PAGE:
Statutes on Other Subjects

Author:George Rutherglen

Federal statutes regulating other subjects have occasionally been interpreted to prohibit discrimination in employment. The most important of these are the National Labor Relations Act[944] and the Railway Labor Act.[945] These prohibit discrimination on the basis of race and sex, and probably also on the basis of religion and national origin, by unions certified to represent employees in collective bargaining.[946]

They do not, however, prevent certification of a union that has engaged in discrimination.[947] The prohibitions against discrimination in collective bargaining agreements fostered by these statutes provide a more important remedy for employment discrimination, enforced through the grievance and arbitration procedures commonly found in such agreements.[948] The National Labor Relations Act also contains a special provision to accommodate employees who have religious ob184-88 (2002) (punitive damages cannot be awarded against state agencies under the ADA and the Rehabilitation Act in claims modeled on Title VI). jections to paying dues to a union pursuant to a union security clause.[949]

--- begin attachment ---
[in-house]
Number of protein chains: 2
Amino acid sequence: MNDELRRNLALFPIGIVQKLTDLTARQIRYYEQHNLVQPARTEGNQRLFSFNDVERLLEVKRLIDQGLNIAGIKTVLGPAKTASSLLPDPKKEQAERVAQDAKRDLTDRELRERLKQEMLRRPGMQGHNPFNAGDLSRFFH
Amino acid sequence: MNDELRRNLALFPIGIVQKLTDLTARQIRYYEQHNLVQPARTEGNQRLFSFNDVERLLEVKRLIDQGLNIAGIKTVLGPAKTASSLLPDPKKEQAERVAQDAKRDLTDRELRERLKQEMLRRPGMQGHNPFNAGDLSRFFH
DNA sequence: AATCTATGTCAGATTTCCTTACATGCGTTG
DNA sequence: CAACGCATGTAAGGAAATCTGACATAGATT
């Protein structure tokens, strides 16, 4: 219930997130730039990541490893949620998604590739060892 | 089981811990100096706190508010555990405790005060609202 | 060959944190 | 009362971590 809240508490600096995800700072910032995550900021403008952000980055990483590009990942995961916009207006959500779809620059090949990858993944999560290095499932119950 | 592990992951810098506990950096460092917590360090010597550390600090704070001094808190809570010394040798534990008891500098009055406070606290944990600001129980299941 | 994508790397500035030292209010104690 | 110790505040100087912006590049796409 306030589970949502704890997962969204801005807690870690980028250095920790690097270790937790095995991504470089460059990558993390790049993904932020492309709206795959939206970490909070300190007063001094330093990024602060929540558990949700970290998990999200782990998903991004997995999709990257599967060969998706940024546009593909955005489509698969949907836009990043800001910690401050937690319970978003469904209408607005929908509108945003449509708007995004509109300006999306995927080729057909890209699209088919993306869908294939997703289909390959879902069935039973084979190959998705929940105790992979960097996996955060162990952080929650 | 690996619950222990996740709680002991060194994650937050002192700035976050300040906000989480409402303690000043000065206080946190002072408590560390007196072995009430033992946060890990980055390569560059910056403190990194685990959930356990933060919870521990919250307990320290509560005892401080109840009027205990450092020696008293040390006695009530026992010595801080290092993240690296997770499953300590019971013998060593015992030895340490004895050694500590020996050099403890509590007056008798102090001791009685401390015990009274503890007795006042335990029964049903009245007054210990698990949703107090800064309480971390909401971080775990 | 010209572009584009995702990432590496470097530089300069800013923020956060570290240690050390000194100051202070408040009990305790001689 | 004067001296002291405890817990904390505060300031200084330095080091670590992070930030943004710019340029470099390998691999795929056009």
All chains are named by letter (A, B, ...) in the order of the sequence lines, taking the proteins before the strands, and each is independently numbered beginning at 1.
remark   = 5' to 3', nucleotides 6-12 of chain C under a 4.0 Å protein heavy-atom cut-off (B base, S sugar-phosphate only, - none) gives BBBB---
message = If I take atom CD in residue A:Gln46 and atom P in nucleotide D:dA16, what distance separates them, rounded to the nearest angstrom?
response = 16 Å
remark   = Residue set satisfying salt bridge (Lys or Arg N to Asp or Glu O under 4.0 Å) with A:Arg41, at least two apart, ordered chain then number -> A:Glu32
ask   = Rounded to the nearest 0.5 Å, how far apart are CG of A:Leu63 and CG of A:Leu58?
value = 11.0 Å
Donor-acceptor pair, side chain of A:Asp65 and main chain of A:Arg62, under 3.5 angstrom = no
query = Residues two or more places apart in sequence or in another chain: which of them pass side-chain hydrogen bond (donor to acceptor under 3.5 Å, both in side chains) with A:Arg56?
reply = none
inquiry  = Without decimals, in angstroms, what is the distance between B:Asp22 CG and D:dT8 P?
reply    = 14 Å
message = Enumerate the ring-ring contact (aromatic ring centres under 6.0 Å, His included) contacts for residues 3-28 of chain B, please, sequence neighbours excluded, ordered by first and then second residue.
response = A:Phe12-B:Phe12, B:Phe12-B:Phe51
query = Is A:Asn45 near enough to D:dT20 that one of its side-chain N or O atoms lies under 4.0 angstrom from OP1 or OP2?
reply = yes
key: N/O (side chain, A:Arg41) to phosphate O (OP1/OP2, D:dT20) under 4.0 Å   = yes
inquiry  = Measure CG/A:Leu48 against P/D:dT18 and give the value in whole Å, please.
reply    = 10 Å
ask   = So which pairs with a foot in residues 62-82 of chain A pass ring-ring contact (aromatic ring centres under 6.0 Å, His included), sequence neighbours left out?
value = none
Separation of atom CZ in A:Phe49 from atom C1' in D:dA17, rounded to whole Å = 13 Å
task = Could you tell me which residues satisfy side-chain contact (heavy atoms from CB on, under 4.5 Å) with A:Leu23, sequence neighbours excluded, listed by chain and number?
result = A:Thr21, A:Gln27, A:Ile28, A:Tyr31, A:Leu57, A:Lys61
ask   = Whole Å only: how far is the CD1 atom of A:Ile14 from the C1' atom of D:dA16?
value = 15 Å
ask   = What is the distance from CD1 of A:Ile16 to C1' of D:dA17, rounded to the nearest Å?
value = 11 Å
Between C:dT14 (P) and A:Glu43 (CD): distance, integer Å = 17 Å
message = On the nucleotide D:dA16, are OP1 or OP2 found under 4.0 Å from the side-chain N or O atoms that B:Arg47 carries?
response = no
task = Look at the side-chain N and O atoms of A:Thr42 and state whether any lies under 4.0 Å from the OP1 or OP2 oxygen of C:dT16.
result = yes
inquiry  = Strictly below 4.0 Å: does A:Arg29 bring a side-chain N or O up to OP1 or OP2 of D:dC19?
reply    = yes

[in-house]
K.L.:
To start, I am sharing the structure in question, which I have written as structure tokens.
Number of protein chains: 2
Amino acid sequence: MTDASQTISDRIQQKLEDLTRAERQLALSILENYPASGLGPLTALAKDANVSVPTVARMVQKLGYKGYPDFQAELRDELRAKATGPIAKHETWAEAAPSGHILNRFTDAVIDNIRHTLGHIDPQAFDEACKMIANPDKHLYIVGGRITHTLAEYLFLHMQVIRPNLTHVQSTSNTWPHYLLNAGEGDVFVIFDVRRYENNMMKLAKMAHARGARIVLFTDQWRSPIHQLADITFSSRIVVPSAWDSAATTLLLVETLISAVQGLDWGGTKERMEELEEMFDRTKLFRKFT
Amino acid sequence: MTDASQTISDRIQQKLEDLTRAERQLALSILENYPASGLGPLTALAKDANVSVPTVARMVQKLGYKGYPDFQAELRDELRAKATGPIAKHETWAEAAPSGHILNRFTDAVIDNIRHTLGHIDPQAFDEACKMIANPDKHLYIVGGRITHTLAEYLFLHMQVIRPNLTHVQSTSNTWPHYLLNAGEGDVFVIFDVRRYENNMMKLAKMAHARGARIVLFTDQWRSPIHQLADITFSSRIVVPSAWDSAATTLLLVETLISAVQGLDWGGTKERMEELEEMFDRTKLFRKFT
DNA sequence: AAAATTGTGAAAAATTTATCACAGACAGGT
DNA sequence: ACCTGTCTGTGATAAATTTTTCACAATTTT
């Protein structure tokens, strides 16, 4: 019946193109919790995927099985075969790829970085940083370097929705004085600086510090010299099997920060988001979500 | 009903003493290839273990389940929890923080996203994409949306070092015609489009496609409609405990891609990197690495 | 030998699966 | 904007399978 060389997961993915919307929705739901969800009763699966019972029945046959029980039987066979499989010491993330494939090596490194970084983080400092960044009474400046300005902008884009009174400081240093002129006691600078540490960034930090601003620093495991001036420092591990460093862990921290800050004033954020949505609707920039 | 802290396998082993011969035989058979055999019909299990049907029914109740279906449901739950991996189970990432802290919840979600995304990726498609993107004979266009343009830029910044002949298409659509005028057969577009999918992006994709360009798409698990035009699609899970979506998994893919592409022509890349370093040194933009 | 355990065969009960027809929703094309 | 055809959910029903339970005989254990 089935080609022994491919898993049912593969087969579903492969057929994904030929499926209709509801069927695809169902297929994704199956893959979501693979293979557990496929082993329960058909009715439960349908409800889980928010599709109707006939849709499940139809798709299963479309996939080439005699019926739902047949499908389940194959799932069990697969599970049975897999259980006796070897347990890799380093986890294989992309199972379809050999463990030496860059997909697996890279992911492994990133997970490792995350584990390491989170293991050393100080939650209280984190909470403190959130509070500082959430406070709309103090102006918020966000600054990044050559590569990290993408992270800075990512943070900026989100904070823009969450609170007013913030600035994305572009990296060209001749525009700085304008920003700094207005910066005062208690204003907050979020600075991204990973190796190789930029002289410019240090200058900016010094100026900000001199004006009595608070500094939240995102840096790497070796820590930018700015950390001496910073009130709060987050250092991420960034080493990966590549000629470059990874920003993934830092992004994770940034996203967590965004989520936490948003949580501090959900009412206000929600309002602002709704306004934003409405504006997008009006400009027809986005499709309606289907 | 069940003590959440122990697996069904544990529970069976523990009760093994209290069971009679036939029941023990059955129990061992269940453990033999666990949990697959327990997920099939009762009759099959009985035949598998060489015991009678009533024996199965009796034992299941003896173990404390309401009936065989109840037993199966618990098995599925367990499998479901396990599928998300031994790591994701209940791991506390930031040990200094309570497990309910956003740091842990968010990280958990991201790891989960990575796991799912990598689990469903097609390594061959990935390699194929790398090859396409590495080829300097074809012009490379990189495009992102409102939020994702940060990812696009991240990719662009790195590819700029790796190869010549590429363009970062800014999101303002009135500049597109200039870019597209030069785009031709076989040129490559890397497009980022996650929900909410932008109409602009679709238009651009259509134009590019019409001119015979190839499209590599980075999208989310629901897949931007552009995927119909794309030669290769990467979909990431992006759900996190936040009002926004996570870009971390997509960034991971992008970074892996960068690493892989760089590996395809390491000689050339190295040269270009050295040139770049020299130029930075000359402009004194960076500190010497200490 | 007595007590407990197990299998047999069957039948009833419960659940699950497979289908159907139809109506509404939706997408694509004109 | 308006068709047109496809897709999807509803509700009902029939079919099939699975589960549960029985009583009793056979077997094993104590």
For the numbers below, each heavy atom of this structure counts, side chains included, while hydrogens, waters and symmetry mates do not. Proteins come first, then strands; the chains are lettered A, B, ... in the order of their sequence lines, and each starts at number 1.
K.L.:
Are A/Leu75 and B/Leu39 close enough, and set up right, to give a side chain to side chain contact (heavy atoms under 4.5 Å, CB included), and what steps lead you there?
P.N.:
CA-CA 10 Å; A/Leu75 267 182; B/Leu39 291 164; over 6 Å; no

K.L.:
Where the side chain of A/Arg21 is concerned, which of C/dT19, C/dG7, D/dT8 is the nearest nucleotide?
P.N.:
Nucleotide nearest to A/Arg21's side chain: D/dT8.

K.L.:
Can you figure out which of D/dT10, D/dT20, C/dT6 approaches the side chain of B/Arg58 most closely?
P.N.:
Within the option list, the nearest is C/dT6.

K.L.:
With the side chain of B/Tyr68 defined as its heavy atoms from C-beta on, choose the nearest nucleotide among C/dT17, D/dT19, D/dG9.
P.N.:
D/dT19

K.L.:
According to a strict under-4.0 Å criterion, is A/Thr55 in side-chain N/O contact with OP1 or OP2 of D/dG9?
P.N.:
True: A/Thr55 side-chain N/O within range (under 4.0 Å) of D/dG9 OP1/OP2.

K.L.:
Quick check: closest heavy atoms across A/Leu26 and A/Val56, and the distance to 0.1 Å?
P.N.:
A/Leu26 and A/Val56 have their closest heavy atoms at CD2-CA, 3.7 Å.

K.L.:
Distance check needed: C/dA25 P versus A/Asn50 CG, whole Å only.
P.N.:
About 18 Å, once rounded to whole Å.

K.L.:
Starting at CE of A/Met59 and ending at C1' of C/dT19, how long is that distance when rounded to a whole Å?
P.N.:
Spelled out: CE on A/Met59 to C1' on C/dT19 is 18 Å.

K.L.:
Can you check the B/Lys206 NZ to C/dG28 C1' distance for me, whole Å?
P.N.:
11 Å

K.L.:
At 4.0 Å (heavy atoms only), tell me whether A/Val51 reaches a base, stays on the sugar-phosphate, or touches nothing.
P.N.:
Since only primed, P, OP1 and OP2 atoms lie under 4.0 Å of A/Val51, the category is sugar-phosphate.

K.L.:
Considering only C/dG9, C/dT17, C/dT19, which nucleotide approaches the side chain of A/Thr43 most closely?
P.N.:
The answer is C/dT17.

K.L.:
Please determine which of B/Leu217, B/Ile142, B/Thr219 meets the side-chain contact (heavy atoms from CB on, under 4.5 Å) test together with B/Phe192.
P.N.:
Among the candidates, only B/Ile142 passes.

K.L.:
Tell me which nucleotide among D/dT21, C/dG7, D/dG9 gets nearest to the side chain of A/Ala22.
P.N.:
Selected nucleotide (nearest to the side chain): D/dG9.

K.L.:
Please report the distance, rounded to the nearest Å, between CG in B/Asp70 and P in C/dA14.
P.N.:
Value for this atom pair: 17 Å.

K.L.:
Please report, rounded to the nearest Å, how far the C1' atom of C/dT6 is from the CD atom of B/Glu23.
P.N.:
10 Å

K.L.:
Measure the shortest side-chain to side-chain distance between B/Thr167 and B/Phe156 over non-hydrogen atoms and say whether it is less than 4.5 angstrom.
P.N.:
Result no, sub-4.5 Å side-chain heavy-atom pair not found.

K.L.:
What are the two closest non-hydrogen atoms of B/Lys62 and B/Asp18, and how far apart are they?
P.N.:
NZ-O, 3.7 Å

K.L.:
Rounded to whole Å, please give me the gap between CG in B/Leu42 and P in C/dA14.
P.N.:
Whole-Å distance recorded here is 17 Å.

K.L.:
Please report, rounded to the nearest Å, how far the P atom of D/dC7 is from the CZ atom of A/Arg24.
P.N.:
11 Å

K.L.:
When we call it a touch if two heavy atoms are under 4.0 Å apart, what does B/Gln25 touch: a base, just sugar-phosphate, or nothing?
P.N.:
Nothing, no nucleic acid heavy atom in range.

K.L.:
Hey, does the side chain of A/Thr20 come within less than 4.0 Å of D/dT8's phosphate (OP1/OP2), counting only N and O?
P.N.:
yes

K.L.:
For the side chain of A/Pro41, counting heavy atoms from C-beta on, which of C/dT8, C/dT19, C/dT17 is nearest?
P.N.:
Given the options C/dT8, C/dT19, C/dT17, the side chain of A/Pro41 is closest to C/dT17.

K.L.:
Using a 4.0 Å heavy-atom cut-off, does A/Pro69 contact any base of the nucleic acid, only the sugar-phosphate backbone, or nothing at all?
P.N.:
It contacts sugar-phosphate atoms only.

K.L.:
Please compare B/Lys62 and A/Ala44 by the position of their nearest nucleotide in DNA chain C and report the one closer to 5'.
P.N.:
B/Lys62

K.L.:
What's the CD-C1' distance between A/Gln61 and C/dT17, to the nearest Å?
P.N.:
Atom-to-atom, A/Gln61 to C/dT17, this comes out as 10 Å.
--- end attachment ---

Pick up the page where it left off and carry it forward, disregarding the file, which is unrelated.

The availability of implied remedies under other statutes has been limited by the Supreme Court's decision in NAACP v. Federal Power Commission.[950] The Court held that agencies regulating other subjects, such as the rates for the sale and transmission of gas and electricity, could consider claims of employment discrimination only as they affected the employer's ability to comply with the statute administered by the agency. This decision reinforces...

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